Tuesday, September 10, 2013

Rich Table, Wonder of Wonders

Rich Table is my new favorite restaurant. Thank you, SS for suggesting we hit the bar, reserved for walk-ins, at this most delightful eatery celebrating California's bounty. And thank god for catching a break when we snagged 2 seats within 10 minutes of our arrival—the place was packed to the rafters with ravenous diners, most with reservations made weeks in advance. The place has been getting a great deal of attention, all good. Needless to say, my expectations for Rich Table were high as we took our spots at the end of the bar, right next to the postage stamp-sized kitchen.

Wow. We set off on the right foot when Rich Table's server slid the bowl of blistered padron peppers and popped corn towards us. And those hefty slices of wild fennel levain bread with honkin' nob of butter.

Things continued to improve as we helped ourselves to the oh-so-fresh slivers of cured hamachi.

We also savored every bite of the juicy, sweet peach salad, which screamed of the last days of summer.

What a perfect dish this was: the trout in a green tomato broth with thin sheets of nori, corn, fig slices and a smattering of toasted almond.

I loved how the lightly dressed, citrusy shrimp and pea garganelli gave a good little kick with its pickled serrano peppers.

And more summer goodness in the form of a springy, blue corn cake with honey roasted plums and a dollop of vanilla ice cream.

Happy happy. Good times. Rinse. Repeat.

Tuesday, August 27, 2013

Bar Agricole Is Still Going Strong 2 Years Later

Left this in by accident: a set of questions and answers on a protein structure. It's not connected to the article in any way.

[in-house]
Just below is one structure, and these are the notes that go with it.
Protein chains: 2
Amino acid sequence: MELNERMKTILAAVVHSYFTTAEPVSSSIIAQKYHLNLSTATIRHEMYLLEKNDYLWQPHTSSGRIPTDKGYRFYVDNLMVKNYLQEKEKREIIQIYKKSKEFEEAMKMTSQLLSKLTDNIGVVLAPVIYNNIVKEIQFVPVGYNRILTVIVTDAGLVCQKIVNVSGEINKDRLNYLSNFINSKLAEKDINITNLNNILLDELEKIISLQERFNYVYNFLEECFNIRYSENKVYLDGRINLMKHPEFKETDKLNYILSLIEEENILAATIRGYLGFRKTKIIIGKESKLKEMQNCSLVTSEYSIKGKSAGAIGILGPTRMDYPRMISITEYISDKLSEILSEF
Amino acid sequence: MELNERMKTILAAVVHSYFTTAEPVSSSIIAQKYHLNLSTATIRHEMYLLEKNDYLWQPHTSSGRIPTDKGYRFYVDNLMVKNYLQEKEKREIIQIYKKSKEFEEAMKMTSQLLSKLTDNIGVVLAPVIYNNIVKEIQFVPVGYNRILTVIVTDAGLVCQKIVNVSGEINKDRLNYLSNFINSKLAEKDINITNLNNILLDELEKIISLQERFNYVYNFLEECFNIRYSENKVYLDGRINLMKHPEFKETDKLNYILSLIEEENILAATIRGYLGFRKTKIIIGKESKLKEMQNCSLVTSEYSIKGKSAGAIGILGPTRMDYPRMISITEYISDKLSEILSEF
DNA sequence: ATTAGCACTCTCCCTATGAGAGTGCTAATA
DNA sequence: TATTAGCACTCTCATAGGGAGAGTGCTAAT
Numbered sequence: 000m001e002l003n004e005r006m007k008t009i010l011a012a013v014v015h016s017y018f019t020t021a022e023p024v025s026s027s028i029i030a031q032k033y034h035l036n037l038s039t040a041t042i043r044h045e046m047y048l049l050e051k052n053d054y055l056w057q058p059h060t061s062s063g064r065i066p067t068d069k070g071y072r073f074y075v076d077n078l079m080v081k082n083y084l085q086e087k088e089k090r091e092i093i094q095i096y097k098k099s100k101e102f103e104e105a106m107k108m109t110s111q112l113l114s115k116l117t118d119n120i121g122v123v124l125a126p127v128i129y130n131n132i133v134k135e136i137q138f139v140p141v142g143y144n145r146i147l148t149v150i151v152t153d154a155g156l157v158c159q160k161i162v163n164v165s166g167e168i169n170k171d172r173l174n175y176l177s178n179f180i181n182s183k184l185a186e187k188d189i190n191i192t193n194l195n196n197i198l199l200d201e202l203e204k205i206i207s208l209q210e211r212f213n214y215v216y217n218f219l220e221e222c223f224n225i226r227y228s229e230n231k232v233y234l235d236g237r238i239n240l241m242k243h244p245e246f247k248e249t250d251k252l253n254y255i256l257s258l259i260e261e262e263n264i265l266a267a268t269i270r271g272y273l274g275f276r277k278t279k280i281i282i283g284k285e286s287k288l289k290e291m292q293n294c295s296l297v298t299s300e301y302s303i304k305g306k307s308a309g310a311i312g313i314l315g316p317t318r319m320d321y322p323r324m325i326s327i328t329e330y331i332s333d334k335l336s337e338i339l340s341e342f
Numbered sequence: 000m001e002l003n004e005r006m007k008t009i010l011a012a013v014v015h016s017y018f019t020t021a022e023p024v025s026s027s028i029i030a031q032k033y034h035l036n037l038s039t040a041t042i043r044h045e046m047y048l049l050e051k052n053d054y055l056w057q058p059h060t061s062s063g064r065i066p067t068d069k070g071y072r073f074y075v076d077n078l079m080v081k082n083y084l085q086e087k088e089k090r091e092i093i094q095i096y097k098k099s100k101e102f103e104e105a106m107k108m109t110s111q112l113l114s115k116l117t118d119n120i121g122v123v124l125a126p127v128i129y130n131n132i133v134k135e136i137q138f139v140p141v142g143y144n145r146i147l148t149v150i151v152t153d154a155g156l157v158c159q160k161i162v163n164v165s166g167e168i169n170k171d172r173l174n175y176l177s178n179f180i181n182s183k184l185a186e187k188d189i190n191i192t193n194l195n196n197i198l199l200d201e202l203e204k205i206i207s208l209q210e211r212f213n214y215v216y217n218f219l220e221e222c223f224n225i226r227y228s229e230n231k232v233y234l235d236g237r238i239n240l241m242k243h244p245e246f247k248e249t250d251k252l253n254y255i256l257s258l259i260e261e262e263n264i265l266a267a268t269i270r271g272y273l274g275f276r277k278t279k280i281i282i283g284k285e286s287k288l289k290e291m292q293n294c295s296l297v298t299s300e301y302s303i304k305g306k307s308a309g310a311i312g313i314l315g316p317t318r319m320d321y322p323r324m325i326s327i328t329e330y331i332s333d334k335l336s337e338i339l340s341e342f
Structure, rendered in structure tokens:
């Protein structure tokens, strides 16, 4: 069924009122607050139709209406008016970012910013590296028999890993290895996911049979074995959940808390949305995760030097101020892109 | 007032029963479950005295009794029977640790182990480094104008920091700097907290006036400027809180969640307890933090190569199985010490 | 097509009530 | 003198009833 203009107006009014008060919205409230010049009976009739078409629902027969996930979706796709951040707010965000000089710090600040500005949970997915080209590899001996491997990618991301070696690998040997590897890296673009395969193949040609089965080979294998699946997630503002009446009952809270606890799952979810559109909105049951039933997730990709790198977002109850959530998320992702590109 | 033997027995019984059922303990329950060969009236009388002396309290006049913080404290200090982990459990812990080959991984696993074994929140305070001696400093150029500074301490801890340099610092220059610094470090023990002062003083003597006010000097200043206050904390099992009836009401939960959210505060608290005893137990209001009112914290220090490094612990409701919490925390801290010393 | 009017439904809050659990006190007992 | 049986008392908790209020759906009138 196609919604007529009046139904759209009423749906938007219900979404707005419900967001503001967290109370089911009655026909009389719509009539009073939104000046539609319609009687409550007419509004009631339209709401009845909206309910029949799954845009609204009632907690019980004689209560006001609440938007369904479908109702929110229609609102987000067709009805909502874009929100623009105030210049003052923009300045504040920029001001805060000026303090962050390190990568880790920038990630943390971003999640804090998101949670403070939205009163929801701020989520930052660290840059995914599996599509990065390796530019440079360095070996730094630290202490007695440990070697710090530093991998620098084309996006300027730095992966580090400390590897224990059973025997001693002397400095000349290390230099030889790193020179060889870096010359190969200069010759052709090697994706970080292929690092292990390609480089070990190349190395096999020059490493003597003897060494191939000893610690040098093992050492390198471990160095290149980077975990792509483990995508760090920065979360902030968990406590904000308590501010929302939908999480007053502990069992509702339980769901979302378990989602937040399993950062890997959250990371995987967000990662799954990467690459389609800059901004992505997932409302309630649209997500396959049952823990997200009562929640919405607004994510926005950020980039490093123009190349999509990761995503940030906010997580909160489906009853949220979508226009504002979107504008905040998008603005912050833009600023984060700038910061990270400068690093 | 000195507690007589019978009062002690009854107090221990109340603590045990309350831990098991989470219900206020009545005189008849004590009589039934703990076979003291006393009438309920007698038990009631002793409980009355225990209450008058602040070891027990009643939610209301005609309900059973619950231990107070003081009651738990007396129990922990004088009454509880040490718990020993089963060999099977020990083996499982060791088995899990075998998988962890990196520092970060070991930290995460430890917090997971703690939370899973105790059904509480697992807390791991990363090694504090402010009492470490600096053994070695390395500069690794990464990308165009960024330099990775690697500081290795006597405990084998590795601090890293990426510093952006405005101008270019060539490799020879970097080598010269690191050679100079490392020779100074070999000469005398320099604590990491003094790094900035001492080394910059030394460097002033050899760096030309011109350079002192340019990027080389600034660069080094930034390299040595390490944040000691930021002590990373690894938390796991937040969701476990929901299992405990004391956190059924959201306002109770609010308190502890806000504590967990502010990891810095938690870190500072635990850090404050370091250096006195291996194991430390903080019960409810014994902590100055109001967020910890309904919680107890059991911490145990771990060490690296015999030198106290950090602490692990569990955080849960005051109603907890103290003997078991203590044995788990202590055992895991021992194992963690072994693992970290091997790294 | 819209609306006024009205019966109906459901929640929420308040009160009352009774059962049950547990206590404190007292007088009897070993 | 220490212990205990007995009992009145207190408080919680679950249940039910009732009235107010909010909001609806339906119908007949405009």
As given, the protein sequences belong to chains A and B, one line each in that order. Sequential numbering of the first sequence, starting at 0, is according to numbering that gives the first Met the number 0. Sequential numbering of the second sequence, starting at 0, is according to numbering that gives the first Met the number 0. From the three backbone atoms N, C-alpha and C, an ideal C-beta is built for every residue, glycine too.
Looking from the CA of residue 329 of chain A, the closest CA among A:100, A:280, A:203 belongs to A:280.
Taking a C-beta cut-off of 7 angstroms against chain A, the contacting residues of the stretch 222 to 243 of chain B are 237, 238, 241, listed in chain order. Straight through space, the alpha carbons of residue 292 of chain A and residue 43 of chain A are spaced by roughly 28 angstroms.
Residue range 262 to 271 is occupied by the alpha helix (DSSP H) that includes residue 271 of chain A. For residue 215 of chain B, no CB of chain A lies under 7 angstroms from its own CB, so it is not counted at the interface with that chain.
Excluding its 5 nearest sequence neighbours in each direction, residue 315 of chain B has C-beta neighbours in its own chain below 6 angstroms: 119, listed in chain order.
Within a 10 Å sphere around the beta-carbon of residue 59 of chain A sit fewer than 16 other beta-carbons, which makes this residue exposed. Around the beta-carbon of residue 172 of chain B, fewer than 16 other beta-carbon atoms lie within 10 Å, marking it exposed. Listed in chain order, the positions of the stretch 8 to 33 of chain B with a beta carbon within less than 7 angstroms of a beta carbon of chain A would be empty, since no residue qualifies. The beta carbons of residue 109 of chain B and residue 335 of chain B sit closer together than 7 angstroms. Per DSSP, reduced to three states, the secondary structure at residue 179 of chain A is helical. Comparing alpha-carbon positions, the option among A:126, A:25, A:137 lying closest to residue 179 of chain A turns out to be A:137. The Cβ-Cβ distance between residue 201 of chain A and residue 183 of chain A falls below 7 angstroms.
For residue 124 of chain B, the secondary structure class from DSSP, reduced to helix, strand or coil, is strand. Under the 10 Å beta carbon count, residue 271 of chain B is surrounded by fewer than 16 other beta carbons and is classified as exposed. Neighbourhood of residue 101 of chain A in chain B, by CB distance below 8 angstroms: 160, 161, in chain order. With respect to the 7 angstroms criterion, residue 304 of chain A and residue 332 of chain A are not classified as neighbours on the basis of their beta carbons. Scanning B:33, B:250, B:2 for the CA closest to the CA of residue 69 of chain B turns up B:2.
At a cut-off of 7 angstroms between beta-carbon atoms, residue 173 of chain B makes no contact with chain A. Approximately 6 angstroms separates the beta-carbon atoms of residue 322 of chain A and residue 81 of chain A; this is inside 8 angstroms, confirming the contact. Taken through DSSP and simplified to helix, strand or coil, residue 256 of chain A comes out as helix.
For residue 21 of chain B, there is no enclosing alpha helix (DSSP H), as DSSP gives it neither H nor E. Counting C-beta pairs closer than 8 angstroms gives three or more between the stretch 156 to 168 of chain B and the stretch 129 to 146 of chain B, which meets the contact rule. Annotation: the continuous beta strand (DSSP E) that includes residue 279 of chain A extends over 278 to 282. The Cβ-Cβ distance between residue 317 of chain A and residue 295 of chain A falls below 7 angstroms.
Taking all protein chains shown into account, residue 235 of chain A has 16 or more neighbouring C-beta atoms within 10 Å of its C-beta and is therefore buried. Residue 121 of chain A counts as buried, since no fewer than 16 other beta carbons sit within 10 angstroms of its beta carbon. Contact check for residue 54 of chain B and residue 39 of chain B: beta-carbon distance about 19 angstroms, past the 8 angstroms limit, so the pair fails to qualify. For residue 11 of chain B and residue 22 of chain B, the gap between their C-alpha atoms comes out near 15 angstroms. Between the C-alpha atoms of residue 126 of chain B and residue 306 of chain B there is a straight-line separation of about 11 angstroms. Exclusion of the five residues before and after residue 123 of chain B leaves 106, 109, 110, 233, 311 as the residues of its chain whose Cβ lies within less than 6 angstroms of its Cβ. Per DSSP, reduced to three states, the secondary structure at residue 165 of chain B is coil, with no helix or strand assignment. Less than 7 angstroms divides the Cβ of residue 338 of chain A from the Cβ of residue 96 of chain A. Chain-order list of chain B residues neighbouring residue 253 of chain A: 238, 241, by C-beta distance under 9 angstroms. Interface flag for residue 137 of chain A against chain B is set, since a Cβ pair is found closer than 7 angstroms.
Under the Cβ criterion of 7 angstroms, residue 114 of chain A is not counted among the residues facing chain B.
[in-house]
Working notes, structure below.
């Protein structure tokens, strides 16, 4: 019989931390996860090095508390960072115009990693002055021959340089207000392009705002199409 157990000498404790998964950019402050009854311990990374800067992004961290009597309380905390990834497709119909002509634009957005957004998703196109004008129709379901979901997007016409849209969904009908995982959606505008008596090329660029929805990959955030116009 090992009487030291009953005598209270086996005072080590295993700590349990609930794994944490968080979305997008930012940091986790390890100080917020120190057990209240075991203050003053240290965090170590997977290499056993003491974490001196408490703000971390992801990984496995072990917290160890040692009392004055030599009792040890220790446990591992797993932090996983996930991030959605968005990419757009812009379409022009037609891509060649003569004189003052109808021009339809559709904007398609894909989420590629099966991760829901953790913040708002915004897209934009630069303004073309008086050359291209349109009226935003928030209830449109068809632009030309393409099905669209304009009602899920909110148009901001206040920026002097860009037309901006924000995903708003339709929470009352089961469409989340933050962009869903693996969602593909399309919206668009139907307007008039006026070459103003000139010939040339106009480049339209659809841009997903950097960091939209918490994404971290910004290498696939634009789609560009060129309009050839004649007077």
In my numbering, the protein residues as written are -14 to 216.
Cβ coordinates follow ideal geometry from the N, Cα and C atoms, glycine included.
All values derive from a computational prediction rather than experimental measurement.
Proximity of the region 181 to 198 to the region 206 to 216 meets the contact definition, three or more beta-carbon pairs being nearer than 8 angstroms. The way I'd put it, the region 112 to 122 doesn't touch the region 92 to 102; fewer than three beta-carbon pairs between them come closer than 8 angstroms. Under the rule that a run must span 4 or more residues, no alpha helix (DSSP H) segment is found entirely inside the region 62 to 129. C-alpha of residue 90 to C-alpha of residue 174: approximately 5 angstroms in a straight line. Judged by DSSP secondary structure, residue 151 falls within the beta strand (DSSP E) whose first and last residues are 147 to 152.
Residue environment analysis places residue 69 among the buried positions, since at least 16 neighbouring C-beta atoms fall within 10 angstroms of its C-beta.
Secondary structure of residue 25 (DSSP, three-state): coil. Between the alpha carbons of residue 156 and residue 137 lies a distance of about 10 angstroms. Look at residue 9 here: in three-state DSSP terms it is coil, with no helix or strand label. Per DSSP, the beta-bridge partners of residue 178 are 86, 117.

Actually, it's been almost two-and-a-half years since I first visited the spacious and modern Bar Agricole, which back then put out some really outstanding food. Another visit a year later proved just as rewarding. So when I was looking for a place that might please a friend with high culinary standards, I figured why not give Bar Agricole a third go 'round.

Bar Agricole didn't let me down. Said friend and Ialong with another paltucked into the buoyantly tender mussels, which came swimming in the most fragrant, lip-smacking white wine-cum-broth laced with fennel, green coriander and pancetta. We soaked the big, buttery hunk of toast that came alongside the bivalves into the broth and wished we had more bread to sop up the addictive liquid.

Other goodies included the fried green tomatoes and squash with tonnatowhich came out molten hot and crispy on the outside, juicy and sweet on the inside, accompanied by a tangy aioli; diminutive miso-pickled anchovies with horseradish and a swab of egg yolk cream below with a whisper of purslane on top; and jumbo rabbit meatballs sitting on a bed of creamy, buttery polenta with a kind of tomato pepper salsa that proved the perfect foil to the rich meat and corn side.

On that night, Bar Agricole was sporting an $85 pork chop on its daily changing menu. Say what? I asked the server if that was a typo. No, no. Not a typo at all. The meat weighs in at more than 2 pounds and takes more than an hour to cook, he told us. We decided to take a pass, though our curiosity was slightly piqued. ... Not enough to blow it all on one dish though.

And in the end, we didn't feel like we'd missed out. Not in the least.